Most Baptists — including Baptists of the Southern (or Great Commission kind) — have never heard of Elder John Leland. I first heard of John Leland when I had the privilege of serving on the Religious Liberty Committee for the Baptist General Association of Virginia during my tenure as Pastor of Grundy Baptist Church in Grundy, VA. Even though I was the “token” conservative on the Committee and did not always see eye-to-eye on religious liberty issues with some of the more moderate members of the Committee, I have continued to gain a better — and deeper — appreciation for not only my service on the BGAV’s Religious Liberty Committee, but also a deeper appreciation for Virginia Baptists’ historical defense of religious liberty.
All Baptists — not just Virginia Baptists — should have a deep appreciation for John Leland. A native of Massachusetts, Leland served Baptist congregations in his home state and most notably in the Commonwealth of Virginia. It would be during his time among the brethren of the Baptist General Association of Virginia that Leland would become known as a strong proponent of religious liberty for all people — not just Baptists:
“The notion of a Christian commonwealth should be exploded forever. … Government should protect every man in thinking and speaking freely, and see that one does not abuse another. The liberty I contend for is more than toleration. The very idea of toleration is despicable; it supposes that some have a pre-eminence above the rest to grant indulgence, whereas all should be equally free, Jews, Turks, Pagans and Christians.” (John Leland, “A Chronicle of His Time in Virginia,” The Writings of the Later Elder John Leland, published in 1845.)
Baptists in Leland’s day well understood the significance of extending religious liberty to all people, including those who were not Christians. Baptists — who were often a persecuted minority at the time that the United States Constitution was ratified — knew that religious liberty was a right that must be secured if the Gospel was to flourish. Baptists like John Leland did not expect the government to grant any special privileges to the church. However, Leland and other Baptists of his day did expect the government to protect the right of all men — regardless of their beliefs — to be free to propagate those beliefs:
“Let every man speak freely without fear, maintain the principles that he believes, worship according to his own faith, either one God, three Gods, no God, or twenty Gods; and let the government protect him in so doing.”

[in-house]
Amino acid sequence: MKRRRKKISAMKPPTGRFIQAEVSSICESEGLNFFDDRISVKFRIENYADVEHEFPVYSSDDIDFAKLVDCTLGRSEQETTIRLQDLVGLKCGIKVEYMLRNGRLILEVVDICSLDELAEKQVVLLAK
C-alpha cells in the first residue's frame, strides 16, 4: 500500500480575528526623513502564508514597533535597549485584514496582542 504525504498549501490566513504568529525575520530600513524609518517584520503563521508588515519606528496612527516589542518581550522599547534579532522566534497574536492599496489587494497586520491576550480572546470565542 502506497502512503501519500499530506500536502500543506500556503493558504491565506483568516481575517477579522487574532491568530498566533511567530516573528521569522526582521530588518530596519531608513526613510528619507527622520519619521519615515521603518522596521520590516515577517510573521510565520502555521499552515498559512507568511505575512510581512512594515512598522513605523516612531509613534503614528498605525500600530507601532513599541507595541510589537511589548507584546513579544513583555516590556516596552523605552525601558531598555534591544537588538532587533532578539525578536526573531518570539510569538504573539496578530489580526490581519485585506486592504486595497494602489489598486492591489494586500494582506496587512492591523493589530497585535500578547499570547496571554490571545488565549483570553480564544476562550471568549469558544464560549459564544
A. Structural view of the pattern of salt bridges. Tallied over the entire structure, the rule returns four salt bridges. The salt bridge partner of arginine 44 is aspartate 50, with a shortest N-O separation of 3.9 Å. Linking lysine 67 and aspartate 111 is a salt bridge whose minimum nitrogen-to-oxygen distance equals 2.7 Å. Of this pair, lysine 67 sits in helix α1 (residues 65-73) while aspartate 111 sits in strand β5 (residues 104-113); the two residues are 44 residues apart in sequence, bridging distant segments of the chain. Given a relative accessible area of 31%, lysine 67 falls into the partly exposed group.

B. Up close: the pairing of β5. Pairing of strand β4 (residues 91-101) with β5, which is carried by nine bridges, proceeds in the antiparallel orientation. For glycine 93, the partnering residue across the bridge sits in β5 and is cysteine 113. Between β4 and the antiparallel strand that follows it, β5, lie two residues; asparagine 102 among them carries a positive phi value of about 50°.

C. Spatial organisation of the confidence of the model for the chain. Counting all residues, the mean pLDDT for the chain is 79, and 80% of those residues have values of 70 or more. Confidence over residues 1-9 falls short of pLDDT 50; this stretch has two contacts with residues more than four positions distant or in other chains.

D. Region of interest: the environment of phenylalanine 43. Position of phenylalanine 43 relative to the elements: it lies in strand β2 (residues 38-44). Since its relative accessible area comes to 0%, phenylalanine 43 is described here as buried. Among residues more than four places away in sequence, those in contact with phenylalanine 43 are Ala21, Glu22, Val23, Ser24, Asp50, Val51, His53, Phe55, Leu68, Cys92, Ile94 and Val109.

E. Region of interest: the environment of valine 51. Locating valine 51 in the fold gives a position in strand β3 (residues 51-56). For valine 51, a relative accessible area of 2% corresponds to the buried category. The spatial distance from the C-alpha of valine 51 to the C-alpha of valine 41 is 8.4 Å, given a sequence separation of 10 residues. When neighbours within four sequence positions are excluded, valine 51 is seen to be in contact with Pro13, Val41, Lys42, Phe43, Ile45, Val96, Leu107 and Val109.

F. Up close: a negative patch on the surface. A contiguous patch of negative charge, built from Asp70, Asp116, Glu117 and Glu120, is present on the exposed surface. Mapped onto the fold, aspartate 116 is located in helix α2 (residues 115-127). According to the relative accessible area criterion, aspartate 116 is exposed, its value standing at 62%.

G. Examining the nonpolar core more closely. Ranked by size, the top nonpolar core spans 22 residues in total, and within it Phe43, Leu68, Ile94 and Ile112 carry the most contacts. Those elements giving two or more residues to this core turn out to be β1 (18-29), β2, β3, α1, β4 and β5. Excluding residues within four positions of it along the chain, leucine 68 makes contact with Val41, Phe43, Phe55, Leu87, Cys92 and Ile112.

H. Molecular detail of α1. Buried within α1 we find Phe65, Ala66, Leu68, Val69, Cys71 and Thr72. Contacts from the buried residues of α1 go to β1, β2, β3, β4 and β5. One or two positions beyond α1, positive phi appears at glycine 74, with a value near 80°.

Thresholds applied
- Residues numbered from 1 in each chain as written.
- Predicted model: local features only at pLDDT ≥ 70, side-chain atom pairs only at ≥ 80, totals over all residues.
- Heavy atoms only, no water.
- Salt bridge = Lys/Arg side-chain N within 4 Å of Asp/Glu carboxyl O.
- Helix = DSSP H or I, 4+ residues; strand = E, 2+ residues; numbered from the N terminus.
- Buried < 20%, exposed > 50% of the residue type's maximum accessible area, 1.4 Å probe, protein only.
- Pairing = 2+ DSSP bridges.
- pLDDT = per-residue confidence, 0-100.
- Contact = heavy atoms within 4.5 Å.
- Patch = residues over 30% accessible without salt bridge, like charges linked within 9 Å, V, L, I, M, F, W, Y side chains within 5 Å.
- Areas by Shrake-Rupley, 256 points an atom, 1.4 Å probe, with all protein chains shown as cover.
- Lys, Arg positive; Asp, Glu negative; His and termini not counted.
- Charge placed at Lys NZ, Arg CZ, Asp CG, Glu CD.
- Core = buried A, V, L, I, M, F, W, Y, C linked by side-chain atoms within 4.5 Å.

Modern Southern Baptists have simply forgotten — if they were ever taught — the price that John Leland and others paid so long ago so that we might continue to enjoy our religious liberty today. Modern Southern Baptists have forgotten that our Baptist forefathers (in the days before there was an SBC) were oppressed for their beliefs and that the oppression they faced came primarily from the state. No wonder we have Baptist pastors participating in “Pulpit Freedom Sunday.” I can almost understand how some non-Baptists could endorse political candidates from behind the pulpit. Baptists should know better!
I suppose that Southern Baptists — the largest Protestant “denomination” in the United States today — see themselves quite differently than their 17th & 18th century ancestors. After all, we have come to see ourselves as part of the establishment. We followed Jerry Falwell so deep into the “Moral Majority” and “Religious Right” that when Richard Land, soon-to-be-retiring President of the SBC’s Ethics and Religious Liberty Commission, said he wanted to see a marriage between the Religious Right and the Republican Party, we barely noticed:
“The go-along, get-along strategy is dead. No more engagement. We want a wedding ring, we want a ceremony, we want a consummation of marriage.”
We have accepted the historical revisionism that David Barton
sells teaches to unsuspecting Christians as truth. We have increasingly relied upon the power of government, political parties, and politicians to bring much-needed spiritual revival to our land instead of relying upon the God-given power of the Gospel of Jesus Christ to bring about true hope and change in the hearts and minds of those in spiritual darkness. We have prostituted our churches by allowing political candidates to campaign during the time set aside for worship of Almighty God. And, we have broken the law, not because we have been prevented from proclaiming the Gospel, but in order to endorse a candidate for highest office in the land, all the while knowing that said candidate is a member of a non-Christian cult.
In short, we have forgotten what it means to be Baptist Christians in a land that we are just passing through. In these days ahead, when so many within our Baptist congregations (and other Evangelical churches) are looking to politicians to fix what ails us, we would do well to remember the words of another early Baptist leader, Massachusetts Pastor Isaac Backus:
“It appears to us that the true difference and exact limits between ecclesiastical and civil government is this, That the church is armed with light and truth to pull down the strongholds of iniquity and to gain souls to Christ and into his Church to be governed by His rules therein, and again to exclude such from their communion, who will not be so governed, while the state is armed with the sword to guard the peace and civil rights of all persons and societies and to punish those who violate the same. And where these two kinds of government, and the weapons which belong to them are well distinguished and approved according to the nature and end of their institution, the effects are happy, and they do not at all interfere with each other. But where they have been confounded together no tongue nor pen can fully describe the mischiefs that have ensued.” (emphasis added)